Hiring A Lake Weed Control Specialist
If you own a lake, hiring a lake weed control specialist may become necessary at some point. Here are a few things you should know before you get started. Please read this if you are considering hiring someone for lake weed control treatments.
The cost of lake weed control
The cost of chemicals used in aquatic weed control can be pretty high. The cost of earning and maintaining an aquatic pest control license is also high. In most states, it requires not only continuing education, but also annual license fees, and an incredible amount of insurance. Your lake weed control specialist carries this cost as a part of doing business. This will be reflected in the price of his services.
An ounce of prevention
Chemical and mechanical controls can not take the place of good prevention practices. Nor are they a complete solution on their own. Preventing regrowth by assuring proper fertility, and other management methods is the best practice following treatment.
Price and timing
In the event that you agree on a price, that price will be effective based on the level of infestation, at the time of the agreement. With invasive aquatic weeds, time is critical. If a week passes, between agreement and treatment, the plants could potentially double in mass! In such cases, the price would reflect this change.
To avoid timing issues
- As soon as the problem is detected, take action! If treatment is needed, early detection and early action will save you money.
- Contact the lake weed control specialist quickly to get on the schedule. The faster he can learn of the problem and take appropriate action, the better for you, your lake, and your pocketbook.
- Delay your decision as little as possible. Remember, while the decision is being made, the weeds will still be growing.
- Do not delay the treatment. Delay in treatment, could result in added cost.
Most chemicals used for submersed aquatic weeds, work by destroying only the plant cells that they contact. Systemic weed killers for submersed plants are extremely limited. Regrowth is a possibility. Most labels recommend re treatment of any regrowth. Extremely dense stands of aquatic weeds may inhibit the chemicals penetration to some of the plants. In such cases, 2 or more treatments are often needed. Sound management practices will discourage regrowth, and should become regular maintenance practices.
Chemical controls should be done in tandem with other lake management programs. In low fertility lakes where aquatic weeds are a problem, initial treatment should be followed by raising the lakes fertility, to provide proper algae bloom.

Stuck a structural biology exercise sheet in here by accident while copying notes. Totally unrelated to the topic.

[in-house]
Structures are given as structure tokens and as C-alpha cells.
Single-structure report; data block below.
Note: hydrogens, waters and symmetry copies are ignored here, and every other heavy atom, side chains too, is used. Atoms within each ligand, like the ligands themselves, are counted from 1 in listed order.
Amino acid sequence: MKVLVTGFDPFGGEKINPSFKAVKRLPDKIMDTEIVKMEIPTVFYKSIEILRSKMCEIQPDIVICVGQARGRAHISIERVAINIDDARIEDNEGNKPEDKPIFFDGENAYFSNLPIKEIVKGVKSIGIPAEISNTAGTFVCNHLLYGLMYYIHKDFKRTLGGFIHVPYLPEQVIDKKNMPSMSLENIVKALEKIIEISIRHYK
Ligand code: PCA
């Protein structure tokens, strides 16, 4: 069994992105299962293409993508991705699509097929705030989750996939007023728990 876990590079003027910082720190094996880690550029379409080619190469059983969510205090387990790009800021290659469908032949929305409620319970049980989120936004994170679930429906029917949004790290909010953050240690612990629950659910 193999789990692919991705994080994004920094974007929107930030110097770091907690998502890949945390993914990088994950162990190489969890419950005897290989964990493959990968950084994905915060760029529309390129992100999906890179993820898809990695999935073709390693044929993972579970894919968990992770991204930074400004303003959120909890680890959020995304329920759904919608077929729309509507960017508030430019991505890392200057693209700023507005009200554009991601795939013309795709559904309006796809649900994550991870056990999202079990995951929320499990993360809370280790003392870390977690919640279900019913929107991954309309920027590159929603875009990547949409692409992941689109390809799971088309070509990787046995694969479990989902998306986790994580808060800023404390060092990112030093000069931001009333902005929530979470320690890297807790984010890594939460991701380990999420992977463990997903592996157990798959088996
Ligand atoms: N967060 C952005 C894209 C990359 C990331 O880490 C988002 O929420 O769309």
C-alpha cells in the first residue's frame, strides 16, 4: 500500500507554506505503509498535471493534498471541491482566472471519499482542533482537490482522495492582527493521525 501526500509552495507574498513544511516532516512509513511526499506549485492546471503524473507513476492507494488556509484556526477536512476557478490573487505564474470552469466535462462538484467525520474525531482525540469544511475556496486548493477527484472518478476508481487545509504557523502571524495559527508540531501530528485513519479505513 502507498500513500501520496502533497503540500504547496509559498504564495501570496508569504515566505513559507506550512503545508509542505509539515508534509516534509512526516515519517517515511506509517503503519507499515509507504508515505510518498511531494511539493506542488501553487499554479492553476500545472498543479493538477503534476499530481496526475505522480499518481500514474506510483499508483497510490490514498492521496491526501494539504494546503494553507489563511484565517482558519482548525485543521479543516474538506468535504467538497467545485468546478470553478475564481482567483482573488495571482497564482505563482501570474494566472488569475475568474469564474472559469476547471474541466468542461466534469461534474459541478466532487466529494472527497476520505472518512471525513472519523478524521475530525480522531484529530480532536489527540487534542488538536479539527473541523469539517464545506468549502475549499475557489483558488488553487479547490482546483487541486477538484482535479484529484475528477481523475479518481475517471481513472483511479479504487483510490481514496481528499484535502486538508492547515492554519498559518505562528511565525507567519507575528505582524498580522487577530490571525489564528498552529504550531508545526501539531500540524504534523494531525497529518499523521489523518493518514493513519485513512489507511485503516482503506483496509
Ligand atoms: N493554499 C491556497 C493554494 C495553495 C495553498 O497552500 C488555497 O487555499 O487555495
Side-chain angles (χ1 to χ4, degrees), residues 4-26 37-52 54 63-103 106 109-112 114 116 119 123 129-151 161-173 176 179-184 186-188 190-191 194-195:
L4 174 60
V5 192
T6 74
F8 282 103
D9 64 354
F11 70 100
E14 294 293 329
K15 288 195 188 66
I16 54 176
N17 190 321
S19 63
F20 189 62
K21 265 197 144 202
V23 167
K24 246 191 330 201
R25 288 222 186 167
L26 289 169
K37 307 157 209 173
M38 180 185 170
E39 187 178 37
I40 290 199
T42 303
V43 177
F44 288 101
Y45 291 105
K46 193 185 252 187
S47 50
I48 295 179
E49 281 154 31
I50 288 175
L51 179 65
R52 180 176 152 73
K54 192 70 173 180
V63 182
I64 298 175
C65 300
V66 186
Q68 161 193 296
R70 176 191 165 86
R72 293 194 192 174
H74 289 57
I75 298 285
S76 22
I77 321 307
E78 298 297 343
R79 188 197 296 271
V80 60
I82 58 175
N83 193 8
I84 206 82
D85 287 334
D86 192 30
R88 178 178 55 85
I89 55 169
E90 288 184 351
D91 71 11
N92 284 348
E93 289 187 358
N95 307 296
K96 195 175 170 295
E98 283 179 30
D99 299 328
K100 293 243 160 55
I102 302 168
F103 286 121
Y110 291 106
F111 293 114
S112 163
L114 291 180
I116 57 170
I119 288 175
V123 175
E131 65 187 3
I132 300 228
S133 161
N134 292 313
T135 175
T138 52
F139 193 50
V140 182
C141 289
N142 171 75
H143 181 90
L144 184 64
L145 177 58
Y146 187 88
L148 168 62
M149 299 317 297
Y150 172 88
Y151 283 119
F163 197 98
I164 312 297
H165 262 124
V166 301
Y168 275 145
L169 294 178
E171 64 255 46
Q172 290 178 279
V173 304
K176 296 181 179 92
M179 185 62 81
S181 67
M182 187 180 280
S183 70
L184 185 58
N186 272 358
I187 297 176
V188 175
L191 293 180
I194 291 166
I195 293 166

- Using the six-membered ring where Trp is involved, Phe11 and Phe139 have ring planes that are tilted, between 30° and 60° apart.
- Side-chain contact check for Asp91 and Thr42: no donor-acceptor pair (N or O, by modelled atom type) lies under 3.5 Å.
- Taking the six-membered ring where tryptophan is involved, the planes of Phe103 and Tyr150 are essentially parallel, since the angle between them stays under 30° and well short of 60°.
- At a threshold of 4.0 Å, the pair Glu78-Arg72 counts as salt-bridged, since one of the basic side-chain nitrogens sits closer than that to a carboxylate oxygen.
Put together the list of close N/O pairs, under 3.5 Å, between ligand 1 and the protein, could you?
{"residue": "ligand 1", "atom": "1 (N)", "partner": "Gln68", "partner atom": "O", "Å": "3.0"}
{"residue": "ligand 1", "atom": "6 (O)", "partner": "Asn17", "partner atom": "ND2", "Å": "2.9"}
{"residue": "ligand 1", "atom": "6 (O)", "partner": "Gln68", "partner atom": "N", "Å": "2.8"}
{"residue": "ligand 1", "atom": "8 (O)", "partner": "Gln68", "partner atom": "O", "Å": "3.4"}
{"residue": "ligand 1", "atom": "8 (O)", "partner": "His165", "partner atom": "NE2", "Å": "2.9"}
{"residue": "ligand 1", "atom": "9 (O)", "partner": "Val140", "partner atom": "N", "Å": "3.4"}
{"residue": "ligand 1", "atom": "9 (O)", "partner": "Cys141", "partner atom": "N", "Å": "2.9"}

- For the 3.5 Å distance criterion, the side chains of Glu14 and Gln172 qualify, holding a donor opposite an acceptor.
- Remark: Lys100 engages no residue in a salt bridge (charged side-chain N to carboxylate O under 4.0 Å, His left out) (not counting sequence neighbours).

If the water has a “secchi” depth of 18 to 24 inches, light will not be able to penetrate to the bottom of areas deeper than 24 inches, thus making regrowth impossible. The best weed control for a lake or pond is to prevent growth of weeds by bringing balance in fertility.
Sometimes, the opposite problem is the case. Ponds or lake with high fertility due to on site or off site runoff can develop weed problems. Vegetative barriers may be needed to slow the flow of nutrients.
If the lake is very shallow, and nothing can be done to increase the lakes depth, several treatments may be needed. In such cases, scheduled treatments should be considered, and the cost of such treatments should be factored into overall annual maintenance costs.
Most lake weed control specialists will guarantee that they will apply the recommended chemicals at the proper label rate and in the prescribed manner. As a lake owner, you should not expect much more than that from the warranty. Normally this works well, but in the event that some natural, or man made disruption occurs, you should not expect free re treatment from your lake weed control specialist. You would not expect the warranty on your hot water heater installation to cover earthquake damage.
Some things to avoid
- Do not apply colorant to a pond or lake that is to be treated for aquatic weed control. The colorant can neutralize the effect of the chemicals used to treat lake weeds.
- Do not muddy the water before treatment. Most products made for the purpose of killing or suppressing vegetation are designed to degrade when they come in contact with soil. Soil particles neutralize many herbicides, having them suspended in the water before a treatment may lead to failure.
If the water in your lake is holding a high concentration of soil particles in suspension, “flocking” may be needed before lake weed control treatment.
See also: Lake management costs